In 2013, when Genesis Capital first began asking investors to buy a then $80 bitcoin, the line of conversation often ended with an abrupt no. “Nine times out of ten, they would just hang up the phone,” said Michael Moro, CEO of Genesis Trading and Genesis Trading. Now, as the pioneer cryptocurrency is crawling back from an imboninable crypto winter, venture capitalists, investors, and family offices are more eager than ever to get their hands on a slice of digital gold.
Decentralized Finance as an Institution
The second annual BCI Summit in New York opened on May 9, 2019, in the midst of a bustling Blockchain Week. The investor-facing event brings together key players from the ecosystem all eager to capitalize on the myriad disruptive technologies that have emerged in recent times. More importantly, the collection of speakers and attendees are outlining a new trajectory for where the opportunities in the space are popping up.
“When we look at the space, we’re looking closely at how DeFi is panning out,” said Sam Cassatt of ConsenSys. One of the breakout projects on the Etheruem side of things, that which ConsenSys has placed much of their focus, has been MakerDAO. The platform boasts a total of $300 million in collateral and is one of the first few examples of a successful crypto experiment. If batched with the rest of the crypto lending platforms, like the newly-launched Dharma protocol, that figure moves closer to $400 million.
Experiment, however, is still the best word at this point. When speaking on the nascent features of crypto and blockchain projects, Cassatt underlined that:
“It’s still baby steps, of course, but the way decentralized finance is panning out, we see it blowing up traditional finance. This could even be to the extent that these technologies will replace the institutions we’re so interested in attracting.”
The toddler-like maturity of the space also comes with a host of unique challenges. If not for volatility, the often negative connotations that surround the crypto space makes it even more difficult for startups to gather funding. For these reasons Andrew Busch, formerly of the CFTC, placed the odds at a generous one successful investment in every ten. Others were slightly less optimistic.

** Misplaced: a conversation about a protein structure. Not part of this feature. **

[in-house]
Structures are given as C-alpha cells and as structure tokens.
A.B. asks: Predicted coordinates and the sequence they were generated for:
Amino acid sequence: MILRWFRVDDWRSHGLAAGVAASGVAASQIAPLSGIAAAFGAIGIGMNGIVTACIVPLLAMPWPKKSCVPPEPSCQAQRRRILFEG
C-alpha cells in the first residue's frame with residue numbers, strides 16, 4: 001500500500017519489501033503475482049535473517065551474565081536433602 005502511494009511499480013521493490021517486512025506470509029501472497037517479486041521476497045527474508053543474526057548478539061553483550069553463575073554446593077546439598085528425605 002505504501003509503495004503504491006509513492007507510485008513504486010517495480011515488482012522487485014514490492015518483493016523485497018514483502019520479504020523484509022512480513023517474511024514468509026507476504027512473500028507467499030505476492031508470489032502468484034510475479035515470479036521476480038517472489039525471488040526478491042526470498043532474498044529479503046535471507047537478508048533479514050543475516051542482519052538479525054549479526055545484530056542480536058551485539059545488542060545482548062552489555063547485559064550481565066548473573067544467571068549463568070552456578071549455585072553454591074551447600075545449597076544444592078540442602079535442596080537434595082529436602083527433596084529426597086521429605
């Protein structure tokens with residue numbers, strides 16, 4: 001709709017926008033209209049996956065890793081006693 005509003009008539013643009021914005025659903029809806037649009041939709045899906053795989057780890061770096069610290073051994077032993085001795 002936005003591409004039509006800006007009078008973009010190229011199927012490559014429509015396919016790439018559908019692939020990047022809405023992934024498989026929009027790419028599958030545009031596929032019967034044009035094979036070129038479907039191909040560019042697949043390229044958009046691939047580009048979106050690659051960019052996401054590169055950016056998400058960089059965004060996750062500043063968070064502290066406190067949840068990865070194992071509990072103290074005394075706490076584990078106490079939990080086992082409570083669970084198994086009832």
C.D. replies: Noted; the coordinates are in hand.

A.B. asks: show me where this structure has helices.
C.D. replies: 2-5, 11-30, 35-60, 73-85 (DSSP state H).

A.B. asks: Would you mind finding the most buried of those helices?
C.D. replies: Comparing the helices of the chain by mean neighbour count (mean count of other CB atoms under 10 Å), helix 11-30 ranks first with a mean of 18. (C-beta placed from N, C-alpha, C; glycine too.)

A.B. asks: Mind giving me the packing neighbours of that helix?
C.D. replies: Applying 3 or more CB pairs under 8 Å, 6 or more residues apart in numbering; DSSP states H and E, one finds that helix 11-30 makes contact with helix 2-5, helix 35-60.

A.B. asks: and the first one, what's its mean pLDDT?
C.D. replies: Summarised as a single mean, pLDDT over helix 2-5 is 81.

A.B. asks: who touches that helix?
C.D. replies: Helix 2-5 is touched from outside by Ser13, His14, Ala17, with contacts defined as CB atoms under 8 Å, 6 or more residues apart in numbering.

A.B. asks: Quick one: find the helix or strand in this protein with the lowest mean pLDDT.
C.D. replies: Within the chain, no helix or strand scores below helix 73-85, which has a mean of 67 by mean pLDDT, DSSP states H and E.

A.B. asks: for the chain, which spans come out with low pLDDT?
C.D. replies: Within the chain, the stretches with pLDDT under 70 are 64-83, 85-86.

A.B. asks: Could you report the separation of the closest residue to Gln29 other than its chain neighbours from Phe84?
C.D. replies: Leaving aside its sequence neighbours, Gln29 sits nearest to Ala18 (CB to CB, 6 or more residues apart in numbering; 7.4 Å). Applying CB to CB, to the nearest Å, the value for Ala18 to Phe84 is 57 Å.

Jalak Jopanputra, the founder of venture firm Future Perfect Ventures, expected to land a hit investment in the crypto space closer to one in every 50. Part of this, according to Jopanputra, has to do with the velocity of information which she explained as “one of the fastest ever experienced.”
Thus, a very high premium is placed on the entrepreneur and the team behind their project. Beyond that, the rise of more scientific approaches has brought special attention to “tokenonomics” and the power of compounding networks. Arriving at a positive result is, therefore, a mix of traditional evaluation as well as the added complexity of tokenized best-efforts.
It is for this last portion, as well as the uncertainty of how the sector will establish itself, that sends many investors running for the hills. Susan Akbarpour of Candou Ventures describes an aspect of this paradox as “The Missing Middle.”
The thesis behind the Missing Middle position is that startups with solid fundamentals, a strong team, and a workable product rarely make it to the late-stage investor conversations. This is true for small and emerging businesses, but even more so for companies working in the crypto space. New and ambitious funds entering the space see this as a massive opportunity, however.
Filling a market need that brings these small companies to their next stage and hands them off to institutions is likely a good bet for some time to come. Eventually though, and in typical open finance sentiment, institutions could still be ousted entirely from the equation.
The future, if initially desperate to attract the Fidelity’s and CME’s of traditional finance, may later politely dismiss them in favor of a superior technology.